On a recent camping trip in Central Texas we endured excruciating heat, some days easily exceeding 100 degrees. This would deter most weekend warriors, but not us. We were determined to have a good time, and we did, but not without some innovation.
Most RV air conditioning units can bring the temperature of the RV down about 20 degrees from what the temperature is outside, as a rule of thumb. This is generally suitable when the temperature is 90 degrees or less, bringing you down to the 70s inside, but when the outside temperature is 100+ degrees, a single air conditioner does not do the job. Some assistance may be in order to get the temperature down. These tips will hopefully help you achieve the comfort you’re looking for on the hottest of days.
RV Window Insulation
One of the primary sources of heat in your RV is the windows. Sure you can close them as well as the blinds/curtains but try touching them and you will feel the heat radiating from them. One quick, easy, and cheap way to prevent your windows from turning your camper into a toaster oven is to tack up reflective insulation over your windows with Velcro tape. This technique is great because it is relatively inexpensive, easy to do, and you can easily remove the insulation when you want to allow sunlight in during the earlier or later parts of the day. While you’re at it, don’t forget to insulate your roof vents as those let in a tremendous amount of heat. The RV ceiling vents allow so much heat in, you may want to go as far as adding dedicated padded vent insulators to really keep the heat from entering.
Cooling the Shell
You’ve touched the windows to feel the heat radiating, but did you by any chance touch the walls? Chances are they’re heating up as well. Covering the entire inside of your camper with reflective insulation is an option, but it would be costly and relatively tacky – I’m even sure if it would be effective. However, one option you have is to bring the outside shell of the camper down a few degrees by hosing down the outside of the camper with cool water from a hose. Simply spray down your camper for a few minutes as if you were washing it and you will notice the shell cools to the touch relatively quickly. If your camper is connected to the water source already, consider getting two-way hose splitter which will allow you to use an auxiliary hose while your camper is still connected.
Increase Air Conditioner Flow
Up to this point, you’ve done just about everything you can from keeping the heat out and/or keeping the cooler air in your RV, but now we have to try to get the temperature down. One of the many ways to get the temperature down is to check and clean the air conditioner intake filter. Generally, this vent is located on the bottom of the air conditioner unit and simply clips into place. You can take the filter out, wash and rinse it well, and let it dry before replacing it in the air conditioner. This will decrease strain on your unit and increase air flow throughout your camper.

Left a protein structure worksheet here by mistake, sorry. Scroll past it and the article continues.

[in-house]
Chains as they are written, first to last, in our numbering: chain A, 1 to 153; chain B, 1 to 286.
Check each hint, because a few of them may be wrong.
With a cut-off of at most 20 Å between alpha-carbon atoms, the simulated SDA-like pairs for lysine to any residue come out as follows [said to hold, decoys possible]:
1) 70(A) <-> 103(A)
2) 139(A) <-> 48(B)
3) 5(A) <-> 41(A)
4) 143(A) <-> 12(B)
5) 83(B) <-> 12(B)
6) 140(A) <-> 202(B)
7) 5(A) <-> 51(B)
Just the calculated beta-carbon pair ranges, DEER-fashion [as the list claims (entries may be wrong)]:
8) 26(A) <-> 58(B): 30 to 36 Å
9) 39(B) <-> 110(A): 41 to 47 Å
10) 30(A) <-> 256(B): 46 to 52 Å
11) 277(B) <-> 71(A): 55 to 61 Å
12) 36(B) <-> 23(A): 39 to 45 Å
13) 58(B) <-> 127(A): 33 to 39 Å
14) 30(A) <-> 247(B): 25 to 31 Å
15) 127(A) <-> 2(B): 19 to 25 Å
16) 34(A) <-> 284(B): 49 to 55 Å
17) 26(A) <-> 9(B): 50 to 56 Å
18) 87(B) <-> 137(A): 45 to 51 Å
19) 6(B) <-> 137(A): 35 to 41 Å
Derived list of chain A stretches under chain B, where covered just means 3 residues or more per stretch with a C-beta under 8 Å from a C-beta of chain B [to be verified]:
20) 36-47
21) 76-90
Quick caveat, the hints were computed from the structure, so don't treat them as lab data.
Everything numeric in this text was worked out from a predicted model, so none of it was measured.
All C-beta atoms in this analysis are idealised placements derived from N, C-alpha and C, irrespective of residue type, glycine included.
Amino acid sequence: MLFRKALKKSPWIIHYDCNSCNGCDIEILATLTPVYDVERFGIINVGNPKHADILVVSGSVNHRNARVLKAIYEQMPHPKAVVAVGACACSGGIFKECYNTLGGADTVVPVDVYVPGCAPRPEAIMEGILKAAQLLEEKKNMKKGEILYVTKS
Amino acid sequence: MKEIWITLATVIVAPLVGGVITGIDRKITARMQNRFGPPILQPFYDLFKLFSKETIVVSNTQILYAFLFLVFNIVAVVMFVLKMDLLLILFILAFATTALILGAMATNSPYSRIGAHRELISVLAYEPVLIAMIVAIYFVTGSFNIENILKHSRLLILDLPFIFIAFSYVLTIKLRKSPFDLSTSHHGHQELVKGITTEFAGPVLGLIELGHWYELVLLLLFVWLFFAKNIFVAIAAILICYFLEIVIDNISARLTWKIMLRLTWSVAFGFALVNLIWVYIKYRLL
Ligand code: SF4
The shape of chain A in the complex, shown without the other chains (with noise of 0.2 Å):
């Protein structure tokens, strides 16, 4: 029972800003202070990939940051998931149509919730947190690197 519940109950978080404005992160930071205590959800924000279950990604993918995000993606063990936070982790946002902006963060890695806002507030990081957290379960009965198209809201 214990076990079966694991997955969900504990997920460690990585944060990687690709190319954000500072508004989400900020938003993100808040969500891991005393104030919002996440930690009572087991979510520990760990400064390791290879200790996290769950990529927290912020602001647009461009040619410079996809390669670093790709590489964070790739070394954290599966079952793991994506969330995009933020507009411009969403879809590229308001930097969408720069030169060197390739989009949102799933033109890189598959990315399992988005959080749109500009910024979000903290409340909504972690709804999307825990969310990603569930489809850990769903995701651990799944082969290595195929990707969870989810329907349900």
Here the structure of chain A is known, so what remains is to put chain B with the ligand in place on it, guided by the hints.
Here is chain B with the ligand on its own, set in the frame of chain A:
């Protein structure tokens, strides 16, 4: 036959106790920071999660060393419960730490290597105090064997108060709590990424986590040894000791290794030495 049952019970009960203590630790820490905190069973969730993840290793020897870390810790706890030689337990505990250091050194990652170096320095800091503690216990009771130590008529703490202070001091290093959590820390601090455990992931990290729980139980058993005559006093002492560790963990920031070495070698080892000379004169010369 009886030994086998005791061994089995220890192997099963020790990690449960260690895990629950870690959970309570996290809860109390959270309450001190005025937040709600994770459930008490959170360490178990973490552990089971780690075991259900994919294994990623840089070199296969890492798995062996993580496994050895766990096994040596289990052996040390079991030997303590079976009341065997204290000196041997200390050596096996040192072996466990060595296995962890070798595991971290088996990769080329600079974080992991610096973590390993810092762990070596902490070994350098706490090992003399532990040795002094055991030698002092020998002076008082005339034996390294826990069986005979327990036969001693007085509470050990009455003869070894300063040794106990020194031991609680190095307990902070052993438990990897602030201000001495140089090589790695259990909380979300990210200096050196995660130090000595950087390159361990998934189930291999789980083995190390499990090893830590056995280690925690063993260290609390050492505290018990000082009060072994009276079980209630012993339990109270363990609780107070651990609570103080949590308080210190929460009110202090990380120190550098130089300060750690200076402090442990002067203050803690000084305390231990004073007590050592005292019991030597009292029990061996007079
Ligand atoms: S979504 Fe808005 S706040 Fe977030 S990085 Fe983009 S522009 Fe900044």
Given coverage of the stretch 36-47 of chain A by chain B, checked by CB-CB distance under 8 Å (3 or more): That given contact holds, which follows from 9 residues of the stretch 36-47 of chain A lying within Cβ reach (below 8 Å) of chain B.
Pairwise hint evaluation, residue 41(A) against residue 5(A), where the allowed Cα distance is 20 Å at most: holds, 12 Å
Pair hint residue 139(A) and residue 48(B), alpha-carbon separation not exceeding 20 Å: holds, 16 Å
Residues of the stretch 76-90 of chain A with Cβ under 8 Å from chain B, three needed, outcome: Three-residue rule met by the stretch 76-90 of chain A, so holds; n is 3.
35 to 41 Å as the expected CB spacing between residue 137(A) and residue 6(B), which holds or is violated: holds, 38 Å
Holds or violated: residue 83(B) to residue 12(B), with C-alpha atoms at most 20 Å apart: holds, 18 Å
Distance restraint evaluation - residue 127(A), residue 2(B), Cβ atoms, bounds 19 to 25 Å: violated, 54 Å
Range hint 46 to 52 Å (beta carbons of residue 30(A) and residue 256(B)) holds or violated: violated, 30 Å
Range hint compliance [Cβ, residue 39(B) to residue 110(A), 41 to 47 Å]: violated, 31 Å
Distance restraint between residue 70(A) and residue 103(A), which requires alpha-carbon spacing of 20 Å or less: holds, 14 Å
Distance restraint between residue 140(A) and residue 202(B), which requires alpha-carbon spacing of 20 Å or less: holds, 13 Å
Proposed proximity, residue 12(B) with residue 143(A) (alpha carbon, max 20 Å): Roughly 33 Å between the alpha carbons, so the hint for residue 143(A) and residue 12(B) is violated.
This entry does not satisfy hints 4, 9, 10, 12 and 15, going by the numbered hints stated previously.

Another method to increasing air flow, a method that has worked for us at least, is removing the directional vent covers and allowing the air to flow freely from the air conditioner. We found that our vent louvers hindered air flow opposed to assisting air flow. While this may be effective for increasing air flow, there are often some areas you want to decrease air flow to increase air flow in others. For example, our bathroom has a dedicated air conditioning vent. It usually feels amazing in the bathroom, but nowhere else during the heat of the day, but we don’t spend too much time in there. So, we covered part of the bathroom vent to redirect some of that air to other rooms.
Circulate the Cool Air
You have increased air flow throughout your RV but lost your directional louvers for your air conditioning vents. It is time we circulate the cool, refreshing air throughout your rig. This is where a small 16-18 inch oscillating fan comes relatively handy. Depending on the layout of your camper you may consider placing the fan in one of a few configurations. First, try placing the fan in a corner and having it blow the length of your RV. The effect you’re hoping to achieve is a circular motion that will maximize your cool air throughout; however, as mentioned, this is dependent upon the layout of your camper. Another method is simply oscillating the fan to disperse the cool air multi-directional.
Bonus tip: A misting fan can serve you both outside and inside (without the misting of course) on hot summer days!
Upgrade or Add an Air Conditioner
This is the part of cooling your RV down that nobody enjoys discussing as it is the most expensive method. Up to this point, you tried stopping the heat from penetrating your RV; you’ve tried cooling the inside better with a few tricks to manipulate the air flow, but the temperature is still unbearable. Unfortunately, it is probably time to either relocate to the northern latitudes or upgrade your RV air conditioning system. Upgrading your RV air conditioner system to a 15,000 BTU system will definitely help out and will set you back around $1,000 for the unit and installation. One option some owners tend to go for is adding an additional air conditioner to the system in another room such as the master bedroom. If you are lucky, your bedroom ceiling vent may be pre-wired to easily install a secondary air conditioning unit. Keep in mind that upgrading your air conditioning system may have differing power requirements and should be installed by a professional.
These are just a few methods that can potentially effect the temperature in your RV. Combining any number of them can keep your RV cooler and your summer more enjoyable. If you have additional tips we would love to hear about them! Don’t forget to keep the camper door closed as well!